As noted above, each individual plaintiff was able to, and did, obtain a residential handgun license.
But we need not definitively decide that applying heightened scrutiny is unwarranted here because we agree with the District Court that Admin. Code § 10–131(a)(2) would, in any event, survive under the so-called “intermediate” form of heightened scrutiny. Under this test, a regulation that burdens a plaintiff's Second Amendment rights “passes constitutional muster if it is substantially related to the achievement of an important governmental interest.” Kachalsky v. Cnty. of Westchester, 701 F.3d 81, 96 (2d Cir.2012).
In his concurring opinion, Judge Walker asserts that Admin. Code § 10–131(a)(2) must be subject to “intermediate scrutiny” because “[a]ny non-nominal licensing fee necessarily constitutes a substantial burden” on one's Second Amendment rights. Concurrence, at 4, post. Beyond the lack of legal authority to support this proposition, see id., we find such an assertion particularly problematic on the facts of this case because plaintiffs have put forward no evidence to suggest that Admin. Code § 10–131(a)(2) operates as a “substantial burden.” Although we are mindful that a hypothetical licensing fee could be so high as to constitute a “substantial burden” and that any licensing fee could “substantially burden” a hypothetical plaintiff's Second Amendment rights, we are not confronted with a hypothetical fee or a hypothetical plaintiff. Accordingly, we need not and do not decide whether heightened scrutiny is appropriate here because we conclude that Admin. Code § 10–131(a)(2) survives “intermediate scrutiny.”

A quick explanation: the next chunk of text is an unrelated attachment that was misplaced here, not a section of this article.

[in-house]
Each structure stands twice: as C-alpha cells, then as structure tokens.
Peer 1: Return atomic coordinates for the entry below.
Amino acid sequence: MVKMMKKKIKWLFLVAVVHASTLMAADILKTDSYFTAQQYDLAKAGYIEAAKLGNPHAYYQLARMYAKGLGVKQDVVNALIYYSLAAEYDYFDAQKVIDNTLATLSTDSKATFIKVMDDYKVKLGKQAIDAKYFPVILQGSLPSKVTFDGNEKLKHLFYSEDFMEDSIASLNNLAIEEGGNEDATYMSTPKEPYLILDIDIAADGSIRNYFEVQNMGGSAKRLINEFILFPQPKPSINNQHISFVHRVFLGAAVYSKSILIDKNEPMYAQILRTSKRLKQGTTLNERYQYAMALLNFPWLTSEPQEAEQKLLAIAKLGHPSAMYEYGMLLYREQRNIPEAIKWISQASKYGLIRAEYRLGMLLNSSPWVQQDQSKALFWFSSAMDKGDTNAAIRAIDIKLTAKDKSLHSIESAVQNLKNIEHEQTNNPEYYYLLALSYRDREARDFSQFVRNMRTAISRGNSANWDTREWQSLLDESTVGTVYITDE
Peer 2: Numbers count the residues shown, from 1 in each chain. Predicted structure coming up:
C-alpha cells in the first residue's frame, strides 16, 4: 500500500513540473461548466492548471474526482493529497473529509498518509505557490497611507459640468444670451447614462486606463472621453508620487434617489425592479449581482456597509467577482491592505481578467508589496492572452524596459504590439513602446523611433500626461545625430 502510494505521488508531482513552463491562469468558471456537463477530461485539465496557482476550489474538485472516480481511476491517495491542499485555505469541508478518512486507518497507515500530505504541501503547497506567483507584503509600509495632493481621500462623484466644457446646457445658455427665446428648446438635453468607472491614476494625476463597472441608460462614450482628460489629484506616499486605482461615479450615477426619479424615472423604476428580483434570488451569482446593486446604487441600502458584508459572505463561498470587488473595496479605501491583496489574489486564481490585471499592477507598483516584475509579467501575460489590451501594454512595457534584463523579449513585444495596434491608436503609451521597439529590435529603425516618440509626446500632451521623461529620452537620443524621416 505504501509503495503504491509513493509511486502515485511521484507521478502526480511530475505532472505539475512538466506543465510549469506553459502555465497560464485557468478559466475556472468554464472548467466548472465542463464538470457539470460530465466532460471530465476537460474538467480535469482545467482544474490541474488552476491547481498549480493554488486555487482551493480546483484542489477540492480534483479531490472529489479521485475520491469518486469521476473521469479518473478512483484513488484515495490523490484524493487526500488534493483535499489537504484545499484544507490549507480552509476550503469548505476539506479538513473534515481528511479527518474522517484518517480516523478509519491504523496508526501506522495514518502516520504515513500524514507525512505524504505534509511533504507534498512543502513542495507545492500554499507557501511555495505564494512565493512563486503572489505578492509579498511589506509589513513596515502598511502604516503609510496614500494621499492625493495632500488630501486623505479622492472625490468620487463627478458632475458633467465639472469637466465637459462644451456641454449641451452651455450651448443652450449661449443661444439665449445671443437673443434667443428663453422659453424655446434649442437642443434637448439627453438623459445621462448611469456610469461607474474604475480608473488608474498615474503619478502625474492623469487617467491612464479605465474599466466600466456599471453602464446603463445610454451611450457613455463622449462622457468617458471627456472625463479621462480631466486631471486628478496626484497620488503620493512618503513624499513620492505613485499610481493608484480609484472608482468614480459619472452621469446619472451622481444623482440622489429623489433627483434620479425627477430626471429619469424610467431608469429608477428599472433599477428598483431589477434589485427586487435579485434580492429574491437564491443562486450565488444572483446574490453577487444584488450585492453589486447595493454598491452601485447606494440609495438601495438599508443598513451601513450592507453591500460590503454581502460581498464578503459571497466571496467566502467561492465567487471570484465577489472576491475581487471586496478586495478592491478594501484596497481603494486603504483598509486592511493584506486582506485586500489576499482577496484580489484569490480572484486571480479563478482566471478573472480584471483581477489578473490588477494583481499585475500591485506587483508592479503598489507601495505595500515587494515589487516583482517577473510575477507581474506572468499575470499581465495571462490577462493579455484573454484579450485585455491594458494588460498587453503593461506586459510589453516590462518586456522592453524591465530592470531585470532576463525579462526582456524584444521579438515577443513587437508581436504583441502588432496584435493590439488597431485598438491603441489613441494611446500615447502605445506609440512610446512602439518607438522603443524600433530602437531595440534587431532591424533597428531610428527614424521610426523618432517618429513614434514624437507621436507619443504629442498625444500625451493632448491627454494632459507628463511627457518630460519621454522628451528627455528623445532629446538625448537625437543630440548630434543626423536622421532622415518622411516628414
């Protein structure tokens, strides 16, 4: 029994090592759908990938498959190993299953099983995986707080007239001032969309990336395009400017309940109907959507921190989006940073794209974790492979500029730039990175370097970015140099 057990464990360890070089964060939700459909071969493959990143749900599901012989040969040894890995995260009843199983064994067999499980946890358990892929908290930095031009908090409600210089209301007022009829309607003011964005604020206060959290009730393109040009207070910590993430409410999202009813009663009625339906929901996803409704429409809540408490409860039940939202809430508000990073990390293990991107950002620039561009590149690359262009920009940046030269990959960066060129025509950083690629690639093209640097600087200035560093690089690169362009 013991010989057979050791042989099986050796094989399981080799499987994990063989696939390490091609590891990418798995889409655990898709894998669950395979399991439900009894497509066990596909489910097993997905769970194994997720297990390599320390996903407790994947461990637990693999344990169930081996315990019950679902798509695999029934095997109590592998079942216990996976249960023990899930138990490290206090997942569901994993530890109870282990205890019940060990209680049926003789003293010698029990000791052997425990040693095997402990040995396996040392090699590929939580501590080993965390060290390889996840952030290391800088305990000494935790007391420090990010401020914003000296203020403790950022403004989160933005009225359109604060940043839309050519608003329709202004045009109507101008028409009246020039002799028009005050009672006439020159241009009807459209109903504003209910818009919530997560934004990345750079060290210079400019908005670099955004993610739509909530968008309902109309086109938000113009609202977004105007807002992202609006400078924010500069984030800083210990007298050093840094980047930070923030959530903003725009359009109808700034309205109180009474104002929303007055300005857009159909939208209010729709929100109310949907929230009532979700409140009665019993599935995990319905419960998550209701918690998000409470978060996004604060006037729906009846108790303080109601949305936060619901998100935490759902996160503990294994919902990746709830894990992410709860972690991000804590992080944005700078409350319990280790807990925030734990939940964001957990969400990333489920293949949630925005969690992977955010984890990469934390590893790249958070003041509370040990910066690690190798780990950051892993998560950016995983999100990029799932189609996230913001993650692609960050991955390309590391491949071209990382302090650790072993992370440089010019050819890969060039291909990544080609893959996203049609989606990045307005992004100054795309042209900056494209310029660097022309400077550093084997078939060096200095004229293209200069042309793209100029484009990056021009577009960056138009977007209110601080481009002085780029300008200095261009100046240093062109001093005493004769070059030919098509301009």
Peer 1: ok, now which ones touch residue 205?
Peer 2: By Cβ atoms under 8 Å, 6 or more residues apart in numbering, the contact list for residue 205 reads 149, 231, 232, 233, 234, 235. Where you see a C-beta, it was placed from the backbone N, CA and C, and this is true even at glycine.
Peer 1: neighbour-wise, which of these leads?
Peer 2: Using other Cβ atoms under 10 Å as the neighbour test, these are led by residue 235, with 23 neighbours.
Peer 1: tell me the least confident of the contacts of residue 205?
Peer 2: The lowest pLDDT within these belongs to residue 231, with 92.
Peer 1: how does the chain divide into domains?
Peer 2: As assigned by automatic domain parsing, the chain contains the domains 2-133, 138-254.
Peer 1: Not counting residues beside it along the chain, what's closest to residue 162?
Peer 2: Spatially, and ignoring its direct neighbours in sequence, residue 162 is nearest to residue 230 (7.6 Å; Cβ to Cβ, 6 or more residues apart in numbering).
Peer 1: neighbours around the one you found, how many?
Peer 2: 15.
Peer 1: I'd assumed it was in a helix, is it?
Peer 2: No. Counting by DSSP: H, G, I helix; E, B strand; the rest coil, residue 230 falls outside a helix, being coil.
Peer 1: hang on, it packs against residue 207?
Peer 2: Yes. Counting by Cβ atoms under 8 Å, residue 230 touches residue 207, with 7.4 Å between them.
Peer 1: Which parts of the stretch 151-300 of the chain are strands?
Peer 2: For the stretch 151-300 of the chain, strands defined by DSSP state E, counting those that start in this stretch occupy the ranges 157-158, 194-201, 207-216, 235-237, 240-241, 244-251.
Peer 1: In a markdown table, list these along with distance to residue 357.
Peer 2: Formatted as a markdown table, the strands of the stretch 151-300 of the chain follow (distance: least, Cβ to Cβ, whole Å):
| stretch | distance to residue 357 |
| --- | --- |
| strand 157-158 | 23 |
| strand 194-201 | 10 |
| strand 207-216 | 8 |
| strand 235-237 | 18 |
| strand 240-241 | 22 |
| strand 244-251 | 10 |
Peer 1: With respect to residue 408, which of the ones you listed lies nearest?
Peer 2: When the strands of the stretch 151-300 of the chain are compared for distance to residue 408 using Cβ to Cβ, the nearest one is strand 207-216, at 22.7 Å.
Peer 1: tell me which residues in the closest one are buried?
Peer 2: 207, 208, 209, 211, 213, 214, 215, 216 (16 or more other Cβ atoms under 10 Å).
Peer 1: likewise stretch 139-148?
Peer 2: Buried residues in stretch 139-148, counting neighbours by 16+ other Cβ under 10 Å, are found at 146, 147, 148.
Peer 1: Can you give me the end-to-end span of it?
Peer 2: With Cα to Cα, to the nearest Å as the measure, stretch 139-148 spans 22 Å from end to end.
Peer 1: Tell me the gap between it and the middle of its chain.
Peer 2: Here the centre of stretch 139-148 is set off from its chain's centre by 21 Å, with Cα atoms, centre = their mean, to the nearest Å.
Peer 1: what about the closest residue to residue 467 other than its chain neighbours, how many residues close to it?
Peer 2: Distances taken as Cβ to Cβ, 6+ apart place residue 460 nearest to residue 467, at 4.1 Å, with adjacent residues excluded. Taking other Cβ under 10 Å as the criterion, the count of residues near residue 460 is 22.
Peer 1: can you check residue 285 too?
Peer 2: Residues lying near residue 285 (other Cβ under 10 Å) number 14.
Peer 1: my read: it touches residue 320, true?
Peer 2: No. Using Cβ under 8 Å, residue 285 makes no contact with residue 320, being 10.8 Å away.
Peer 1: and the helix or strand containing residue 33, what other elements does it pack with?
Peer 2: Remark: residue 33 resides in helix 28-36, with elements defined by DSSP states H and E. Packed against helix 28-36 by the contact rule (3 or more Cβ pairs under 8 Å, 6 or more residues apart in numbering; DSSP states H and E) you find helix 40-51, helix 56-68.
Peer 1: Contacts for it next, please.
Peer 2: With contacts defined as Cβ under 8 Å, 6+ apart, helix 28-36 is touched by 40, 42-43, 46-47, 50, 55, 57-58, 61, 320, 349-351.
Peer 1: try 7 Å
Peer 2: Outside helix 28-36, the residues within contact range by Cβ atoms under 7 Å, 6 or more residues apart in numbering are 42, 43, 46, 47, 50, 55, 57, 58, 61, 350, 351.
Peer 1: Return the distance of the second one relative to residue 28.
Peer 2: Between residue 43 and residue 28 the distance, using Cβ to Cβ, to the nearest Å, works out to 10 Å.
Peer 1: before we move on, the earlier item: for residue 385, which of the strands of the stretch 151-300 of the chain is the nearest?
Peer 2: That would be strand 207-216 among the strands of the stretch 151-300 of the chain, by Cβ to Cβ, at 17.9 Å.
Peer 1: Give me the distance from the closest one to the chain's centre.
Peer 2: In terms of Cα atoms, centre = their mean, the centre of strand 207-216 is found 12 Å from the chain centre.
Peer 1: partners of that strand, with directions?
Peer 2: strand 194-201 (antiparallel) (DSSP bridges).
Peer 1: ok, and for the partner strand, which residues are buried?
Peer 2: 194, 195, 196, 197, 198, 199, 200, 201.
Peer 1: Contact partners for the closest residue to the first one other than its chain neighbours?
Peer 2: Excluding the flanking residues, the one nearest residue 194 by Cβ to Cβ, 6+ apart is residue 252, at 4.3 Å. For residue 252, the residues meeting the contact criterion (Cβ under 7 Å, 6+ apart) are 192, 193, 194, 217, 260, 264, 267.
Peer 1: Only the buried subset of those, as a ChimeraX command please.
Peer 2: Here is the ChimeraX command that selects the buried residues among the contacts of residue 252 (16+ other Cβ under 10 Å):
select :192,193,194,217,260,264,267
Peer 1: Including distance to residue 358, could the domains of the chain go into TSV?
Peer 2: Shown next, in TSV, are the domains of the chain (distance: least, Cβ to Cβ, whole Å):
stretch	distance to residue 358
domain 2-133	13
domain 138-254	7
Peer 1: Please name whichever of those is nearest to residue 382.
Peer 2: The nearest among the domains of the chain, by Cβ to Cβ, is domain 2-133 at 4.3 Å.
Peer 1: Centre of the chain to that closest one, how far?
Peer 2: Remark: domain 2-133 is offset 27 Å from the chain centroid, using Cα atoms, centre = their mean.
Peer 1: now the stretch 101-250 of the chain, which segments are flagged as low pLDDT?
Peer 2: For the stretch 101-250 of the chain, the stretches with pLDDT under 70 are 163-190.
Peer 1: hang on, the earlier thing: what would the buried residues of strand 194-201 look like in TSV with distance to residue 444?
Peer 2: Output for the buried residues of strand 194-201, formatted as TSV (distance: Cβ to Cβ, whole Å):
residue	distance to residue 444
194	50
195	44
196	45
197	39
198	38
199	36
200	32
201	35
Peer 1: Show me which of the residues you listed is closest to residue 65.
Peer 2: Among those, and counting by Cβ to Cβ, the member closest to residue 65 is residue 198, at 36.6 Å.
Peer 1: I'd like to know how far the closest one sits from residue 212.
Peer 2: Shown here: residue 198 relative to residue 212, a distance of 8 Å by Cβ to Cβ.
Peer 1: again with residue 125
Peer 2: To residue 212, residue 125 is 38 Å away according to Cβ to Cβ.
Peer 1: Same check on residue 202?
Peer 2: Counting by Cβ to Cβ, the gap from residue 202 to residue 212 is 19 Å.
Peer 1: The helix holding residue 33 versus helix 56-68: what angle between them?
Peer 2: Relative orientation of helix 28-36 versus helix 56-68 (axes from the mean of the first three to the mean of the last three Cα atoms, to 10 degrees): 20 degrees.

Moreover, it is unclear to us where the dividing line between a “nominal” fee and a “non-nominal” fee is located. Judge Walker's concurring opinion provides no answer, and instead of attempting to draw a line between “nominal” and “non-nominal” fees, we think it a far better approach to require plaintiffs to put forth at least some evidence to suggest that a fee operates as a “substantial burden.” In any event, we emphasize that this disagreement with Judge Walker amounts to an academic exercise inasmuch as we do not decide whether heightened scrutiny is warranted in the circumstances here presented.
Because Admin. Code § 10–131(a)(2) does not ban the right to keep and bear arms but only imposes a burden on the right, we agree with the District Court that strict scrutiny is not appropriate here. See Kachalsky v. Cnty. of Westchester, 701 F.3d 81, 93–97 (2d Cir.2012) (applying intermediate scrutiny to a statute that required “proper cause” for the issuance of a concealed carry pistol license because the statute did “not burden the ‘core’ protection of self-defense”); Masciandaro, 638 F.3d at 469–71 (applying intermediate scrutiny to a regulation that prohibited the possession of a loaded handgun in a vehicle in a national park); Marzzarella, 614 F.3d at 97 (same, where the regulation limited the possession of firearms with obliterated serial numbers).